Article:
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- Birth and child-rearing, which can interrupt earning potential mid-career
- Caring for elderly parents financially or physically, which can compromise savings mid-career or pre-retirement.
- Divorce, in which they may lose access to joint resources and require a life restructure.
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by Kristen Domingue
Sponsored by: A New Path Financial
Photos by Amber Marie Photography
Our interview with Nadine Burns reminded us of how we can all use someone we trust when it comes to talking about money. In Nadine, we found that someone – someone who doesn’t judge, someone who has your dreams and your present moment in mind at all times, and someone who’s been where you are now and came out on the other side.
She’s the good cop and the bad cop all rolled into one so the money you may make is there for you when you need it. It feels good to not have to think about it alone.
When share I thought in this interview, about what I thought I wanted about how as a young kid, I did budgets. I did my first budget at twelve years old to get a ten-speed bike that I really wanted. My parents didn’t believe in allowances. So I earned the money for it on my own.
But doing budgets wasn’t the meaningful thing that drove me to become who I am or start the business I have. It wasn’t the thing that “made me happen.” The truth is, I’ve always been really engaged financially, even when so many women around me weren’t. Like every woman, I’ve gone through transitions in life and wondered (then planned) how would I get through it financially.
There were a lot of reasons I started my firm, but one of the biggest reasons I created A New Path Financial is because I saw a gaping hole in the way women received financial support. There wasn’t anything that supported women’s financial growth given the journey they have through life that’s very different than a male’s path. Women’s lives have major financial inflection points that often compromise their financial future including:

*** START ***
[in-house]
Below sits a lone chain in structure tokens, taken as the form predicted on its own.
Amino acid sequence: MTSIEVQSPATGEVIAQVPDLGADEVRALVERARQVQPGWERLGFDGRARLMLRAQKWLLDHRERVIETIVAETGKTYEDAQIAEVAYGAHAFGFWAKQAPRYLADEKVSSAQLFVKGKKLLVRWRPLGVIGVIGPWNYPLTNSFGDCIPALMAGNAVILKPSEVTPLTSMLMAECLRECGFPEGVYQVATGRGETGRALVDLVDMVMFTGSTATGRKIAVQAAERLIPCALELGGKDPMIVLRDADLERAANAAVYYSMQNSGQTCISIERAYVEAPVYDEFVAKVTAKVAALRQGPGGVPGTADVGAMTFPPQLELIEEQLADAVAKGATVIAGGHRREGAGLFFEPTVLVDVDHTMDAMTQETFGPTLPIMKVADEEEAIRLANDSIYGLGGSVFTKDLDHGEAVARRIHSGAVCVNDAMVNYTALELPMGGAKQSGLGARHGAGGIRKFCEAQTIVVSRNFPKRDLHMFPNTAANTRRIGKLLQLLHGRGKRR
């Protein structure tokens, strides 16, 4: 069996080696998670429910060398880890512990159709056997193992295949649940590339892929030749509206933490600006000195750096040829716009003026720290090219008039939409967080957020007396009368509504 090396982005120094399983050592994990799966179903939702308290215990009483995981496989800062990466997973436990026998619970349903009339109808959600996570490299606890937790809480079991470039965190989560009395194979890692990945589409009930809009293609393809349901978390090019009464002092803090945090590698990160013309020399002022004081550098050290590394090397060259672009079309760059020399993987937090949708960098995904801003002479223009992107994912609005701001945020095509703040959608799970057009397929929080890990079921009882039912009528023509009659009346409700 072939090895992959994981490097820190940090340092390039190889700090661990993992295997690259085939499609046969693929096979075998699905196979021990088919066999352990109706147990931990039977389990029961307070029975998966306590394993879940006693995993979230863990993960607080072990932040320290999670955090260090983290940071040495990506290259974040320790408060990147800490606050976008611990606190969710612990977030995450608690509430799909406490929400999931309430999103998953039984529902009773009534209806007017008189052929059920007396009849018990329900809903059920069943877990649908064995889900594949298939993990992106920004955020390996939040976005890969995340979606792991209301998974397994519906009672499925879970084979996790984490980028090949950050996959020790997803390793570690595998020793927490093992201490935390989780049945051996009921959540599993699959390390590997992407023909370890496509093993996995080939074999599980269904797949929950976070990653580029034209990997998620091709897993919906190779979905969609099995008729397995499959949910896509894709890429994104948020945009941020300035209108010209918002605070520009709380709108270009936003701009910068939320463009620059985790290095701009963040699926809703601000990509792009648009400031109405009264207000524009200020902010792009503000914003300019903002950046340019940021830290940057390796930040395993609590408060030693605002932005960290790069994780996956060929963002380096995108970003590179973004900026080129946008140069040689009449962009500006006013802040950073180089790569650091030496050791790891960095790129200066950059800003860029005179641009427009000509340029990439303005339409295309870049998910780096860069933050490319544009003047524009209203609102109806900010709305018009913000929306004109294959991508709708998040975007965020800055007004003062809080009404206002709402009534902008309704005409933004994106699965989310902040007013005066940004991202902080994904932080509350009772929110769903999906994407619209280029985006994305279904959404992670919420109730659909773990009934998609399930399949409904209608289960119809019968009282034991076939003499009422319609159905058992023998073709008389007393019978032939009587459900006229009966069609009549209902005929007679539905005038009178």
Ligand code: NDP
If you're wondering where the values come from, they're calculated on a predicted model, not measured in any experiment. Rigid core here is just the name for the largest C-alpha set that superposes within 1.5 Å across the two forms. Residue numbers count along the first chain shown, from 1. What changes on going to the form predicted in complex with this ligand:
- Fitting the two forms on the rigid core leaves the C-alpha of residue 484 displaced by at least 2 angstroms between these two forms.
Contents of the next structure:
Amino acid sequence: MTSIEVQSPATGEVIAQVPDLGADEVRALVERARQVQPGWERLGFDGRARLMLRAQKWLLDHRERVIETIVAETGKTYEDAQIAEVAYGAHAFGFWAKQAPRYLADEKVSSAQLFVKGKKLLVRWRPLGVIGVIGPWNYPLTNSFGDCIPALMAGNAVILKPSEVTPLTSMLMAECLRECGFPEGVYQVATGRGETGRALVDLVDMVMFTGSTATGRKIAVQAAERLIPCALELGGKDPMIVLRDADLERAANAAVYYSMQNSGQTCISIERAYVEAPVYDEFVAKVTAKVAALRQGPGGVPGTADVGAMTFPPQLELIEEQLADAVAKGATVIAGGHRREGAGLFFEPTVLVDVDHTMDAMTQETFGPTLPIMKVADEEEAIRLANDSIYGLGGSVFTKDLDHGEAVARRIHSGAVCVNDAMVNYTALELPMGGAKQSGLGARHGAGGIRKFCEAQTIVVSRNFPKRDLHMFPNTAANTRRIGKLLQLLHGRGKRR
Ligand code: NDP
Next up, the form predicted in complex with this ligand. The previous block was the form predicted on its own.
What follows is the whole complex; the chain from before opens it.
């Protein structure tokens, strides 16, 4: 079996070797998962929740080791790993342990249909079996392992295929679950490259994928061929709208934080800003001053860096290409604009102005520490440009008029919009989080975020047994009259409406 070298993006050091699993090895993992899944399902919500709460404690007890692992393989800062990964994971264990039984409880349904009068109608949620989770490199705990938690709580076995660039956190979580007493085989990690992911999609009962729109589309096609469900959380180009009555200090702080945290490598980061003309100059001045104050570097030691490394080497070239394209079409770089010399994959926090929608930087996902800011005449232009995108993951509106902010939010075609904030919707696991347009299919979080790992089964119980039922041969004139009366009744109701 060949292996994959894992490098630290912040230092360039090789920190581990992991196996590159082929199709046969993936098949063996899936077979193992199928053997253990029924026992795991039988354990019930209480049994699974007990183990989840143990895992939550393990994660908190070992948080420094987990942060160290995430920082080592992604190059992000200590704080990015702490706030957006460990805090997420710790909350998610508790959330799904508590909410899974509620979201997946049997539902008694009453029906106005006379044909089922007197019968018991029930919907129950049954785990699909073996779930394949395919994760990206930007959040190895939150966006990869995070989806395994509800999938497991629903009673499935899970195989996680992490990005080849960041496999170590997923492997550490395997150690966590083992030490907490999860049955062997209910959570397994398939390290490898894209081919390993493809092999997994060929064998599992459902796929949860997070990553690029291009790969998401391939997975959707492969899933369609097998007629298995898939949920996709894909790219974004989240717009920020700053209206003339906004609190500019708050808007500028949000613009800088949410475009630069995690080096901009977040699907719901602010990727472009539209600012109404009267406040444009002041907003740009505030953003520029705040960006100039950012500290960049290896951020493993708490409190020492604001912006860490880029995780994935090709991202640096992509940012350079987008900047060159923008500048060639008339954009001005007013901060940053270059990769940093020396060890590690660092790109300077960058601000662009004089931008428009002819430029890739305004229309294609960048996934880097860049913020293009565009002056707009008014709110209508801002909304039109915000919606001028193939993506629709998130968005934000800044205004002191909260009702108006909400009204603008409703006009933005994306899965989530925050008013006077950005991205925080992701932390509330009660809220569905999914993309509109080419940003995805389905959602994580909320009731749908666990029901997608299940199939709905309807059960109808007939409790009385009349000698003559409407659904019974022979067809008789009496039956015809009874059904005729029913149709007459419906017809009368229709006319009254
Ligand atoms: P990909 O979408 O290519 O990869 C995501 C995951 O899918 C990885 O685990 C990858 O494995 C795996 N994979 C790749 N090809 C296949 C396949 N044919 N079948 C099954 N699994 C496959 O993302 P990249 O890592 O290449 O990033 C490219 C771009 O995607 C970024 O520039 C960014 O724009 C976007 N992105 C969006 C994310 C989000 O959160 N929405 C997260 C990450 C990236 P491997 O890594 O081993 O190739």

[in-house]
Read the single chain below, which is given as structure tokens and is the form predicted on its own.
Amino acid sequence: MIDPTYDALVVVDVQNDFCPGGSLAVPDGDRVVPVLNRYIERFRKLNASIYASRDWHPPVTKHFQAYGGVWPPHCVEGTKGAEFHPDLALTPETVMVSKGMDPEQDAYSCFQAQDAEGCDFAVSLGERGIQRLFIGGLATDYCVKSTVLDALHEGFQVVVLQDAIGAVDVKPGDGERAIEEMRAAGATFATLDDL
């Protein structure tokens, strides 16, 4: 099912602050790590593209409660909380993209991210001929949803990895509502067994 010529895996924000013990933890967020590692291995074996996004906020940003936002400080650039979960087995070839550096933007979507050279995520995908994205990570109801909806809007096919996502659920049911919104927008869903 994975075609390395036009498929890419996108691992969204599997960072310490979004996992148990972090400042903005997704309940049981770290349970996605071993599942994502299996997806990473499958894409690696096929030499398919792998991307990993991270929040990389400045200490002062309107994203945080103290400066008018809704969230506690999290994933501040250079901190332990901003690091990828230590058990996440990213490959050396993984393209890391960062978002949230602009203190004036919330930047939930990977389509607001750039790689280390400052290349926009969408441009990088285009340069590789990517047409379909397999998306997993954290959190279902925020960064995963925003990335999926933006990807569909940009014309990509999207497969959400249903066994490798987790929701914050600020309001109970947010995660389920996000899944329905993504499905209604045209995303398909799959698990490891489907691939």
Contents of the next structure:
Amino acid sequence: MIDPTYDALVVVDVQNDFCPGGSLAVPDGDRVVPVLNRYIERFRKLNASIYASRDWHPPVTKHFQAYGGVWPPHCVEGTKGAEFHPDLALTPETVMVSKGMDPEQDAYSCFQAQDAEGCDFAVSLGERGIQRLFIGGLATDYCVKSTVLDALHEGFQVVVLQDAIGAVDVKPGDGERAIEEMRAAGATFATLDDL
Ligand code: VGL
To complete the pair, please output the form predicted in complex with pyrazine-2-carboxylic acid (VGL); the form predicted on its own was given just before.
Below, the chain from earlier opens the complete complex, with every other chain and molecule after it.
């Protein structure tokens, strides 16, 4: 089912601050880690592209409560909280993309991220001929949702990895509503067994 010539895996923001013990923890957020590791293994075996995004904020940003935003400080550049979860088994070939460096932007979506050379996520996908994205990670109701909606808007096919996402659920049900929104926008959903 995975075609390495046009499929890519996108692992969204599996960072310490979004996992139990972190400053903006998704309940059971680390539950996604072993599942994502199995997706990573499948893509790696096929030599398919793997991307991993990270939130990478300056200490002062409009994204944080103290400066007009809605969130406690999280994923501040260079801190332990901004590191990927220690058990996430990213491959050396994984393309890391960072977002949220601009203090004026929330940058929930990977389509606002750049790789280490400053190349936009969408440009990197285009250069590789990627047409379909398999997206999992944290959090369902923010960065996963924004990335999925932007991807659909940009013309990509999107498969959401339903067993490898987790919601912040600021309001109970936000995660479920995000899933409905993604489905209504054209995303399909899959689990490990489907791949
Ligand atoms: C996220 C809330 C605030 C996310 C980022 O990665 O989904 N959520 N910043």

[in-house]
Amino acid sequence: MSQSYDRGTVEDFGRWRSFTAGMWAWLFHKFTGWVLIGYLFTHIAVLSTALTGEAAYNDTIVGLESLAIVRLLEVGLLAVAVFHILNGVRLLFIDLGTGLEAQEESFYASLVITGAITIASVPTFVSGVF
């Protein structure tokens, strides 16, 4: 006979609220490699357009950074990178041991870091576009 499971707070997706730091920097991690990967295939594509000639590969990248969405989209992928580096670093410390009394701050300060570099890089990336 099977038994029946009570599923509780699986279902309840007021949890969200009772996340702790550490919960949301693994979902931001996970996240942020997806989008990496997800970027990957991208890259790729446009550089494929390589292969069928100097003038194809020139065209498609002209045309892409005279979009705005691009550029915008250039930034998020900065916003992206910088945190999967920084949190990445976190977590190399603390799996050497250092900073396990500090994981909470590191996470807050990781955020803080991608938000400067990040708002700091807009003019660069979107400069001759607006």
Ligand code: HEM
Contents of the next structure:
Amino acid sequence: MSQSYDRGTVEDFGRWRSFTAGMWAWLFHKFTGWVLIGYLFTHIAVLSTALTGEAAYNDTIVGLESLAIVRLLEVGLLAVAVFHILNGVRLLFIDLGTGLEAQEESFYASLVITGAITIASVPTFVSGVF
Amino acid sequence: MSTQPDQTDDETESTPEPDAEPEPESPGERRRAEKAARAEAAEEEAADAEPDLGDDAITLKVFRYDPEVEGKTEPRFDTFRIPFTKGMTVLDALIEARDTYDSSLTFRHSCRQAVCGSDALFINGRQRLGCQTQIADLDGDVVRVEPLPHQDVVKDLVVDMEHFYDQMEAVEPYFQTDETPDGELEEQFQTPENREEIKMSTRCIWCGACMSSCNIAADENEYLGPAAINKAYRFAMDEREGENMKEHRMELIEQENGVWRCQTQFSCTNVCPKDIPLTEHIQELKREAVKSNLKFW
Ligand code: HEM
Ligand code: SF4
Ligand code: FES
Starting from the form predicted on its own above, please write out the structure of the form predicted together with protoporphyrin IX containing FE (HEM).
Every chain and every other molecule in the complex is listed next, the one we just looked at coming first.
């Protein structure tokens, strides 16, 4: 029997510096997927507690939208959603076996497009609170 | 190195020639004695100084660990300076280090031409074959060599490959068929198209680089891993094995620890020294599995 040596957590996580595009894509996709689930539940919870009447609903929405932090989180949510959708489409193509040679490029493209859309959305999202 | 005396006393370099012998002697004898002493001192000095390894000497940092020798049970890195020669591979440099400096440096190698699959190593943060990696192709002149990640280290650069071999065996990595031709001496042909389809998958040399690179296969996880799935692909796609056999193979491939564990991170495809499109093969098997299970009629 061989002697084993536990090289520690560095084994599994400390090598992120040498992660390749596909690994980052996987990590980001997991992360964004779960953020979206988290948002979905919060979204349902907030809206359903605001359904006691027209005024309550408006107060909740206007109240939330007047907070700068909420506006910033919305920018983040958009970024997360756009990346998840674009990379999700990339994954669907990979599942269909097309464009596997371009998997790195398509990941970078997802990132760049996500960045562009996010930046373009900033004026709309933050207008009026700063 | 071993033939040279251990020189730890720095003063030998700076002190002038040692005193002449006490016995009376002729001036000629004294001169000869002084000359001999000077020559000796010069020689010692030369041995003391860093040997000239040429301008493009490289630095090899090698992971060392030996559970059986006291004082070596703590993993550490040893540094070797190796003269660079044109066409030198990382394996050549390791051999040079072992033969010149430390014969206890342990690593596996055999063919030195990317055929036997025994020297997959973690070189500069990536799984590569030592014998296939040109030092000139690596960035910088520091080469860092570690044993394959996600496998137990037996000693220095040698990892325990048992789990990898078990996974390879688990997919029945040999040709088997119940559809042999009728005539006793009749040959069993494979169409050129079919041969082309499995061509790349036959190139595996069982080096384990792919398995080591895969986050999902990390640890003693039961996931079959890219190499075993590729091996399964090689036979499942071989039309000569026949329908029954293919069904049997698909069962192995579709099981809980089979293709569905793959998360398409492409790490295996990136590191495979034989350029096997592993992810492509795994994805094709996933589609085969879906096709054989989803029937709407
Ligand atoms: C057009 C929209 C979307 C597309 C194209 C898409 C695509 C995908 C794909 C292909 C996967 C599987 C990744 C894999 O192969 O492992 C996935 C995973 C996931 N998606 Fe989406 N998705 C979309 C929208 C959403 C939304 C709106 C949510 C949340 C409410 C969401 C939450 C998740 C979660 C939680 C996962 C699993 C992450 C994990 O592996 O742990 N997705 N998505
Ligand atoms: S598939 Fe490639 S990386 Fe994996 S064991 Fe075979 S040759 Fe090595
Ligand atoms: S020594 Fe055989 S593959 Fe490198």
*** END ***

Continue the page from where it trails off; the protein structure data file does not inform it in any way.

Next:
There are many experiences that can compromise a woman’s financial future that men don’t have to think about in the same way. I wanted to create a place where women could ask about these, plan for these, and overcome these without the embarrassment or shame of not knowing what to ask or feeling like they didn’t have enough.
On Pursuing a Woman’s Vision on a Woman’s Terms
If you haven’t noticed, all the big firms are named after men. They’re run in a masculine way. They’re about shaping a person’s financial world in the owner’s image, according to their investment principles, and about the legacy the founder wanted to leave. But when I started my firm, I knew it needed to be different. Too many women have been badly burned by this type of thinking on behalf of men in the financial world: there isn’t a single path that everyone follows through life. Nor is there a single investment or planning strategy that fits everyone. Especially when it comes to women.
Less than 23% of financial advisors are women. And yet we have empathy, creativity, prudence, and all these things that say that we should lead financial conversations.
Instead, the industry has focused on sales over relationships. In the male-led firms I’ve worked in, the atmosphere is competitive and goal-driven to the exclusion of giving people what they need. I’ve been in the room after a client departs and listened as the advisors laugh or make fun of the client because of how little they have or how little they know. This was unacceptable to me.
This competitive, almost vicious atmosphere is part of why we’ve lost so many talented women in finance. If there are women in financial services, they’re typically in the banking industry, not starting their own firms.
I wanted more for myself and to give women more. That is why I am in a leadership role with the Financial Planning Association, to mentor women and have an impact on the profession of financial planning.
The Reality of Wealth: It’s in Women’s Hands